Erosion of carbon from high-latitude peatlands: Isotopic insight into fluvial transfer in the Mackenzie River Basin
Principal Investigator: Hilton, Robert G (6)
Licence Number: 15288
Organization: Durham University
Licenced Year(s): 2017 2013 2011 2010 2009
Issued: Jul 11, 2013
Project Team: Edward Tipper (Co-Investigator, University of St. Andrews)

Objective(s): To correct for fossil particulate organic carbon (POC) input to the Mackenzie River, and to determine the loci of peatland organic carbon (OC) erosion and flux to the fluvial system.

Project Description: The objectives of this research project are to correct for fossil particulate organic carbon (POC) input to the Mackenzie River, and to determine the loci of peatland organic carbon (OC) erosion and flux to the fluvial system.

At each sampling location, an Acoustic Doppler Current Profiler (ADCP) will allow the research team to determine bathymetry, water velocity transect and water discharge. This device is to be mounted onto one side of a boat and immerged just below the river surface. It consists of four transductors oriented towards the river bottom. The transductors regularly send acoustic waves that interact with the suspended solid matter transported by the river. The frequency of the reflected wave, recorded by the device, is offset from the frequency of the incident wave, because of the relative velocity between the particle of solid matter and the ADCP, and thus the boat (Doppler effect). If the boat velocity is known (by a GPS coupled with the ADCP, for example), it is possible to calculate the velocity of the particle, which is the same as the velocity of the water flow surrounding the particle. The four transductors allow a 3-D reconstruction of the water velocity vector. By recording reflected waves with increasing elapsed time since the incident wave has been sent, water velocity is determined as a function of distance from the boat. Besides this water velocity vertical profile measurement, the ADCP has also an embedded sonar that determines river bottom. Finally, the ADCP also records the backscattered wave, which yields semi-quantitative information about the concentration of suspended matter in the river water. All the data is instantaneously recorded and treated with a laptop connected to the ADCP.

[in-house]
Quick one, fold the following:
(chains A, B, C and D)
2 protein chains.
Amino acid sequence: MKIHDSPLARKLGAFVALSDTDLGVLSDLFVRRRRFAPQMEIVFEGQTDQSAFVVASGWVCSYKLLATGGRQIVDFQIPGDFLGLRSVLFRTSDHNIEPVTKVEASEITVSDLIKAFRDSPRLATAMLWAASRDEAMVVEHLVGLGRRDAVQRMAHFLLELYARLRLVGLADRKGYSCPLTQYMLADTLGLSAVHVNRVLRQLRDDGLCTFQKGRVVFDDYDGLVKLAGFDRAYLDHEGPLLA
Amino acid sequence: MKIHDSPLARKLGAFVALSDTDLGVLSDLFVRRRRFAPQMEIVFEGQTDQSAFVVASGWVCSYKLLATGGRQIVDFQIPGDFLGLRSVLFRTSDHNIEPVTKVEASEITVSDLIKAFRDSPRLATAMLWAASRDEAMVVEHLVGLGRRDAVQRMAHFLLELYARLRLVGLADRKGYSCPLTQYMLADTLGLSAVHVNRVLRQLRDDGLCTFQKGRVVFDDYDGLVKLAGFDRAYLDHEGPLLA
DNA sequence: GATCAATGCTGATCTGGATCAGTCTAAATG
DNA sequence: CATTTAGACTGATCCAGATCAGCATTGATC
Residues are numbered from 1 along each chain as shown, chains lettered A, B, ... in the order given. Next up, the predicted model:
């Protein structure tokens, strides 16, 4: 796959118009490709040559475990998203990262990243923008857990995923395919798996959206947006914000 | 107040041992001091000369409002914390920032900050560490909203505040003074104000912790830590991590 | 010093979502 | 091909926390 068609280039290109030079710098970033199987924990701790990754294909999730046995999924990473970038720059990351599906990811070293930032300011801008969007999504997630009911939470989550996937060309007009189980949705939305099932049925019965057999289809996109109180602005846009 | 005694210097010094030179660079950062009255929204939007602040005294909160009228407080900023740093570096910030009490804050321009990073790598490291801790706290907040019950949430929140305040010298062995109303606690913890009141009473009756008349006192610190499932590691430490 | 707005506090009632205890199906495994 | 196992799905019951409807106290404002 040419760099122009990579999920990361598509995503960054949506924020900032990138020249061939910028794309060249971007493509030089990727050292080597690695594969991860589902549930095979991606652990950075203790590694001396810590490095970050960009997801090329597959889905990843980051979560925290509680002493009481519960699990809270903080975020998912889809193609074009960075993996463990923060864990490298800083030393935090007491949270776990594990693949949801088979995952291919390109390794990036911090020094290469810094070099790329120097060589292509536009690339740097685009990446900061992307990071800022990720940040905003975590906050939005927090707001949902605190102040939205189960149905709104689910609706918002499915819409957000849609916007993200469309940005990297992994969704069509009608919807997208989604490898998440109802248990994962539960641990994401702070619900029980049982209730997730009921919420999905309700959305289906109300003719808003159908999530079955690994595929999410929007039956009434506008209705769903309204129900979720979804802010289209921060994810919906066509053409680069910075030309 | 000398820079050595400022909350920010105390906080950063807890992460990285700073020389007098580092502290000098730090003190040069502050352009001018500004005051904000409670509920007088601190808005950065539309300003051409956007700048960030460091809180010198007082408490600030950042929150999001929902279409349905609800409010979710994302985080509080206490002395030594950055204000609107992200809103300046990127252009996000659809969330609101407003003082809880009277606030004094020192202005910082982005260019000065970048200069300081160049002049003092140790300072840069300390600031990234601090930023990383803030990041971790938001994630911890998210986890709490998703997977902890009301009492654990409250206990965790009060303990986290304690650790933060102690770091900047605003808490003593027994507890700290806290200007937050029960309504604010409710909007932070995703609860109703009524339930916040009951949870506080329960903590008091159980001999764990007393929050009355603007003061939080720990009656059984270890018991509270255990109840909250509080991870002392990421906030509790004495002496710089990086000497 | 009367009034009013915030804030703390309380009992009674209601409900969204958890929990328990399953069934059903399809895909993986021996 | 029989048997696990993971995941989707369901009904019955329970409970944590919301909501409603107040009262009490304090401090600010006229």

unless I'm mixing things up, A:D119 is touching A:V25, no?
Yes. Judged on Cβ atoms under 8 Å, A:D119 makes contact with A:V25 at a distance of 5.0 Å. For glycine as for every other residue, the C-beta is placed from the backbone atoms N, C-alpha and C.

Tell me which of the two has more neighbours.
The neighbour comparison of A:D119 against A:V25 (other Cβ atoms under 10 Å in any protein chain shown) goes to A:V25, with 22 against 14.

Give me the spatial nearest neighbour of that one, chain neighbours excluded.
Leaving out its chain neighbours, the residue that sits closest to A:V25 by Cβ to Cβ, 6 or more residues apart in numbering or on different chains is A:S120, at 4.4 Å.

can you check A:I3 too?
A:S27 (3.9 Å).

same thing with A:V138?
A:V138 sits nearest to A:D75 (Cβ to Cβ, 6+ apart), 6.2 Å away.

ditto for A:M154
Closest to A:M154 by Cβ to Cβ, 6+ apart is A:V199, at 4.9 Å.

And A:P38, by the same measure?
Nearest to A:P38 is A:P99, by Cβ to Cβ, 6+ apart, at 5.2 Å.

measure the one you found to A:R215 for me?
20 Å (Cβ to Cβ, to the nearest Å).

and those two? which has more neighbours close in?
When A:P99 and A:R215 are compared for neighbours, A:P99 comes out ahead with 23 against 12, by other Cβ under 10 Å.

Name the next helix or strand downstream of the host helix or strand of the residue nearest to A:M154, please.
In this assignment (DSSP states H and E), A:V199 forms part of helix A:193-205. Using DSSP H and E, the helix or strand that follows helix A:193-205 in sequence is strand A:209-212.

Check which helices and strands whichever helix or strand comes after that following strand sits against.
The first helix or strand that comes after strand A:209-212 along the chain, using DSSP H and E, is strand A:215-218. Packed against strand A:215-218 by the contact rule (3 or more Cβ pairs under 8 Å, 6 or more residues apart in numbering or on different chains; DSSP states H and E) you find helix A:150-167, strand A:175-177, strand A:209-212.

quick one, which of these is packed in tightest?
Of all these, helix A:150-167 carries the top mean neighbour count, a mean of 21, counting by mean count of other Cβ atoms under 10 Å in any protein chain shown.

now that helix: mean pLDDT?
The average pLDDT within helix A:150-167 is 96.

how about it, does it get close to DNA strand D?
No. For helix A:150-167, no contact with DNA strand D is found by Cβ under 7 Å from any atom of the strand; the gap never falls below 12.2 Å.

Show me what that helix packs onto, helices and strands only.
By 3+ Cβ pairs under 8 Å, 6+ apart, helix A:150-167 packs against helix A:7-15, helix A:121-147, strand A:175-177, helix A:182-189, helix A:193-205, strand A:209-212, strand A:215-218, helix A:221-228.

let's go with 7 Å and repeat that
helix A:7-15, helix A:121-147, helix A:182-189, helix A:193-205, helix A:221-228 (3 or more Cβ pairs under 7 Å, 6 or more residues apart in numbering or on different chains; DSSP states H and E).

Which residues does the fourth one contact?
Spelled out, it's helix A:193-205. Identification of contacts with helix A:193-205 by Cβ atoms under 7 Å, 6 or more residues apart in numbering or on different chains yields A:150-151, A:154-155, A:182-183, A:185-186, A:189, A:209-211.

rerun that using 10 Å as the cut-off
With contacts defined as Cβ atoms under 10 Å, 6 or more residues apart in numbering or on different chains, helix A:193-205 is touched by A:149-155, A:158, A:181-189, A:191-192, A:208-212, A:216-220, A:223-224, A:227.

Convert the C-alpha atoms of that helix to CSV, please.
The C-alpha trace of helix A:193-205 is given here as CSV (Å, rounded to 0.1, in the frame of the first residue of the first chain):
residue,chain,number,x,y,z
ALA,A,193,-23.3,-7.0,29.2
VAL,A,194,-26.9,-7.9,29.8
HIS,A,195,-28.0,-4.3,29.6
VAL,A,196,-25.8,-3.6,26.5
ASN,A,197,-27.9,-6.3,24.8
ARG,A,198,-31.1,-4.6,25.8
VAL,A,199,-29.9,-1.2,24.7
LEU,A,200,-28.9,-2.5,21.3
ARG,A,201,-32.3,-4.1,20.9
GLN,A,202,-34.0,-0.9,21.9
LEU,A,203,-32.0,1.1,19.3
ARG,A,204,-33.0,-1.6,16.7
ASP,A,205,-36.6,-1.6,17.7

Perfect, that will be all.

Establishing the ADCP transect (water velocity over the river cross-section) needs the boat to cross the river from a bank to another. To check the reproducibility of the transect, four to six transects will be made. Altogether, and including the ADCP setup, this procedure will take approximately two hours at each sampling location.

At each sampling location, the aim is to sample river water at various depths. This will be done thanks to a specific equipment: a point-sediment sampler. The research team have already successfully used this sampler in the Mackenzie River, along with in Bolivia and Peru to sample the Amazon River’s tributaries. It consists in a one meter-long plastic tube, that can contain approximately eight liters of water, and that has one cap at each of its tips. The sampler has to be attached via a steel cable to a winch mounted onto a boat. Once the boat is at the desired sampling position, the sampler is immerged, both sides open, down to the desired depth. Then, a small weight called "the messenger" is sent along the steel cable. The messenger rapidly goes down the cable, and when it strikes the top of the sampler, it triggers the closure of the caps, and thus the capture of river water at the desired depth. The sampler is then drawn up on the boat, the water it contains is poured into a bucket and weighed, its pH measured, and finally stored into clean hermetic plastic containers, waiting for the filtration.

This procedure will be repeated for each sampling depth, constituting a sampling vertical. For some sampling locations, several vertical profiles will be made so as to assess the lateral variability of river material. To sample a river cross-section, several hours can be necessary. Finally, if possible, river bed material will be dredged using a simple home-made device. Coarse bank material will also be sampled if possible. These samples will be stored in hermetic plastic bags.

Filtration will be achieved within a few hours after sampling, using under-pressure Teflon filtration units and PSE filter sheet, at 0.22 µm porosity. Filtering six to eight liters of water can be done in two or three hours. After filtration completion, filter sheets are brushed and rinsed so as to recover the solid material, which is poured with filtrated water into small glass bottles, to be brought back to the laboratory. Slightly less than a liter of filtrated water is also kept aside for chemical analysis.

Results of this research will be communicated to communities via two methods. The first will be on the ground, during the research. This will allow a two-way-discussion of the research project and the communities’ interests in the findings. Second, the research team will write non-technical summaries for the Aurora Research Institute which will allow the findings to be disseminated over a wider group of individuals.

The fieldwork for this study will be conducted from July 18, 2013 to July 29, 2013.